Regrouping and Meaningful Math
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# Regrouping and Meaningful Math

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## Math about Me

Students fill in the rays sharing math-related facts about themselves. For more information and samples, see this post -

Via Alysia, Alexis
Jenee' Greenwood's insight:

I would love to have my students complete an activity like this. They would be able to see how math relates to their personal lives. Numbers dont only exist in math problems, but at home (your address) or even your weight. Math surrounds us and is involved with just about everything we do. This activity would allow the students to recognize the relevance of math in their daily lives.

Alysia's curator insight,

I love this "Math About Me" worksheet. I think it would be fun, even for older students. It's just a fun way to see how we can use numbers and math to describe ourselves and the world around us. I also really like that the different sections reinforce different skills including counting and measurement. I will definitely use this in my classroom.

Alexis's curator insight,

I actually used this in the beginning of the year. My students were engaged and it was related to them. It shows how math is related to them and is in everyday life. They really had to think though about the numbers and the math. I think that this activity is a great "ice breaker" for the beginning of the year and gets students thinking. Promoting a Math Community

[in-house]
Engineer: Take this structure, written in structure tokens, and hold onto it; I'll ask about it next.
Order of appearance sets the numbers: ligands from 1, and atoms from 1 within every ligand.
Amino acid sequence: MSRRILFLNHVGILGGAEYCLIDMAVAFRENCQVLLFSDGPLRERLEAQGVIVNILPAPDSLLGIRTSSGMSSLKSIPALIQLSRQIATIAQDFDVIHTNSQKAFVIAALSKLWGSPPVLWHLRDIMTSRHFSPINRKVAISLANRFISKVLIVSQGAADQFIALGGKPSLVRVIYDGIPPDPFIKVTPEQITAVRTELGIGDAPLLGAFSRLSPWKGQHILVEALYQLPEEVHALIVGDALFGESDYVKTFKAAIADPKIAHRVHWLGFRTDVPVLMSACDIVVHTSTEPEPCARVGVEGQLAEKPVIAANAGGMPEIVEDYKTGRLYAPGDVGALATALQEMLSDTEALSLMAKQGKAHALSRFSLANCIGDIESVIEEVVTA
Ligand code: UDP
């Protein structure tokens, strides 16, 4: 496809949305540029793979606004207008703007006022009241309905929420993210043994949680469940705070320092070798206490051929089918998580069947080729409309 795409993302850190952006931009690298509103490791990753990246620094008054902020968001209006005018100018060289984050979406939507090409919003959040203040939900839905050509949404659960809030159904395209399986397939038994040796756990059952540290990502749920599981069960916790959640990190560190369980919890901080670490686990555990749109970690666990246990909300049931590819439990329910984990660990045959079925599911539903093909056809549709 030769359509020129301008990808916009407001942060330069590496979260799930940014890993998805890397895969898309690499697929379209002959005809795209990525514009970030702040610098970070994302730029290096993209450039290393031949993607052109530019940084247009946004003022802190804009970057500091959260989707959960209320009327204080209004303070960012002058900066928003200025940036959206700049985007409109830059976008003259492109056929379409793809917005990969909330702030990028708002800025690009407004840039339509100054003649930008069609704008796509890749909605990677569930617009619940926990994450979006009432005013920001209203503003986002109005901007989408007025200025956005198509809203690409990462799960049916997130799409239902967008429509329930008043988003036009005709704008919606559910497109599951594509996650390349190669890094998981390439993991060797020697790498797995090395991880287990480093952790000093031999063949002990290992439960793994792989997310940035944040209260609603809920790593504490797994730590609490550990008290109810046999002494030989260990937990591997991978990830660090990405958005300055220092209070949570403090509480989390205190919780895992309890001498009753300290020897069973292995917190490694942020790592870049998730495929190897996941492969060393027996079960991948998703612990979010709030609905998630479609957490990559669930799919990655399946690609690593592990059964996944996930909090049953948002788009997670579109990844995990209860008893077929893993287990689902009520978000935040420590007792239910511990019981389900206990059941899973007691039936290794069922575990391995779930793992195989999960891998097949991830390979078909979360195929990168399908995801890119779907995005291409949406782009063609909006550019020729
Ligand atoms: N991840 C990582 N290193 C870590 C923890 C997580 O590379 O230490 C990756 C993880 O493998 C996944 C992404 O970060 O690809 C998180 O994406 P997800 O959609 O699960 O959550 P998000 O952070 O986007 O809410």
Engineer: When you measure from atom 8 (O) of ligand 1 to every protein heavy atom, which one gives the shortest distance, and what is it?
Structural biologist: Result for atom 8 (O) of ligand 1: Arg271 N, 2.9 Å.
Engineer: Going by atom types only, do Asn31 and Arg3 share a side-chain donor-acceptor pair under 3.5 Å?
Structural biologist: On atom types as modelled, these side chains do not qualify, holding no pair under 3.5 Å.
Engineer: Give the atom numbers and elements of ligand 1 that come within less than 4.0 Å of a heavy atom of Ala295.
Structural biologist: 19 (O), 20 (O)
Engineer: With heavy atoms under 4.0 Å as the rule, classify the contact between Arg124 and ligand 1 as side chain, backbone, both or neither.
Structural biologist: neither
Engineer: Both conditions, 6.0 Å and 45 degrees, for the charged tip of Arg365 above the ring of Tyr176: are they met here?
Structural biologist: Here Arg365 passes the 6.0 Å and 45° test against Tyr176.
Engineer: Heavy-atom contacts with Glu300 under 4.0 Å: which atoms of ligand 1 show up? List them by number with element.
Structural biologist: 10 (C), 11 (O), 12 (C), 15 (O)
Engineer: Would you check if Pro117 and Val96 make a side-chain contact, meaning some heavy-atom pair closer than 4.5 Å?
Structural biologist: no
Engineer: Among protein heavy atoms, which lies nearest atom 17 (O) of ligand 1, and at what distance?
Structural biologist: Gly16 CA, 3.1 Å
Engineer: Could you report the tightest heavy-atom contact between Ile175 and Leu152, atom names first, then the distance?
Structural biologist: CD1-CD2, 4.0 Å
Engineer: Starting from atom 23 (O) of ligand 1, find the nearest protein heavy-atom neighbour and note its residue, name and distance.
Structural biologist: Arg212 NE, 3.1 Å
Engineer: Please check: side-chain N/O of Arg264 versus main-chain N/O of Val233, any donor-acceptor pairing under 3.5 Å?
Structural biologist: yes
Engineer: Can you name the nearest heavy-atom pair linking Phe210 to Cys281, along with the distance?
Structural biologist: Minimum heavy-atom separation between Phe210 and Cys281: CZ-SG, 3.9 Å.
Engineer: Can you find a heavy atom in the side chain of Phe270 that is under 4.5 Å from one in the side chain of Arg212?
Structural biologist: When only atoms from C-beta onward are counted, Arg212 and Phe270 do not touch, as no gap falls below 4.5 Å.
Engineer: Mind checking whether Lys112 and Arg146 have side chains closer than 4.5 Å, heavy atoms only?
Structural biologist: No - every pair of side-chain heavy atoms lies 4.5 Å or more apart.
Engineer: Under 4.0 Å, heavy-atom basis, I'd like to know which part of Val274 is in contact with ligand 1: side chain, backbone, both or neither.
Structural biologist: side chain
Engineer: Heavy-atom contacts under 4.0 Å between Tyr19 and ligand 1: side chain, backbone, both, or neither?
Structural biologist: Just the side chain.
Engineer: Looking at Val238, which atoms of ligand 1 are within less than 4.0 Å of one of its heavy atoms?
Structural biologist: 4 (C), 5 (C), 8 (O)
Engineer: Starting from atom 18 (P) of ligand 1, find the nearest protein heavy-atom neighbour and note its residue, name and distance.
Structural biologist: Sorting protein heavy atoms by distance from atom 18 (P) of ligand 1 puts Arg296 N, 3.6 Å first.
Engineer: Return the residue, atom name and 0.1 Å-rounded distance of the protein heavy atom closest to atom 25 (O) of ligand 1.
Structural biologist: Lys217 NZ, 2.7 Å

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## Making Math Meaningful

"Dor Abrahamson, the University of California Assistant Professor of Cognition and Development is a math guy. I met him in a Skype video chat, when, in his inimitable animated fashion, he talked me through his theories about using manipulables to teach math and the significance of embodied learning. He went on to describe new technology he's using to help students embody ratio and proportion. I was impressed, not least by the sheer kinesthetic force of his enthusiasm, though I tried to impress on him how little I understood about math. As you see in the video, Dor is more than a funny, pumped-up professor. He is onto something profound about mathematics, something truly de-mystifying, especially for give-me-something-I-can-grab-onto kids like me, tip-toeing for the first time into the mysterious world of numbers" | via Edutopia

Via Todd Reimer
Jenee' Greenwood's insight: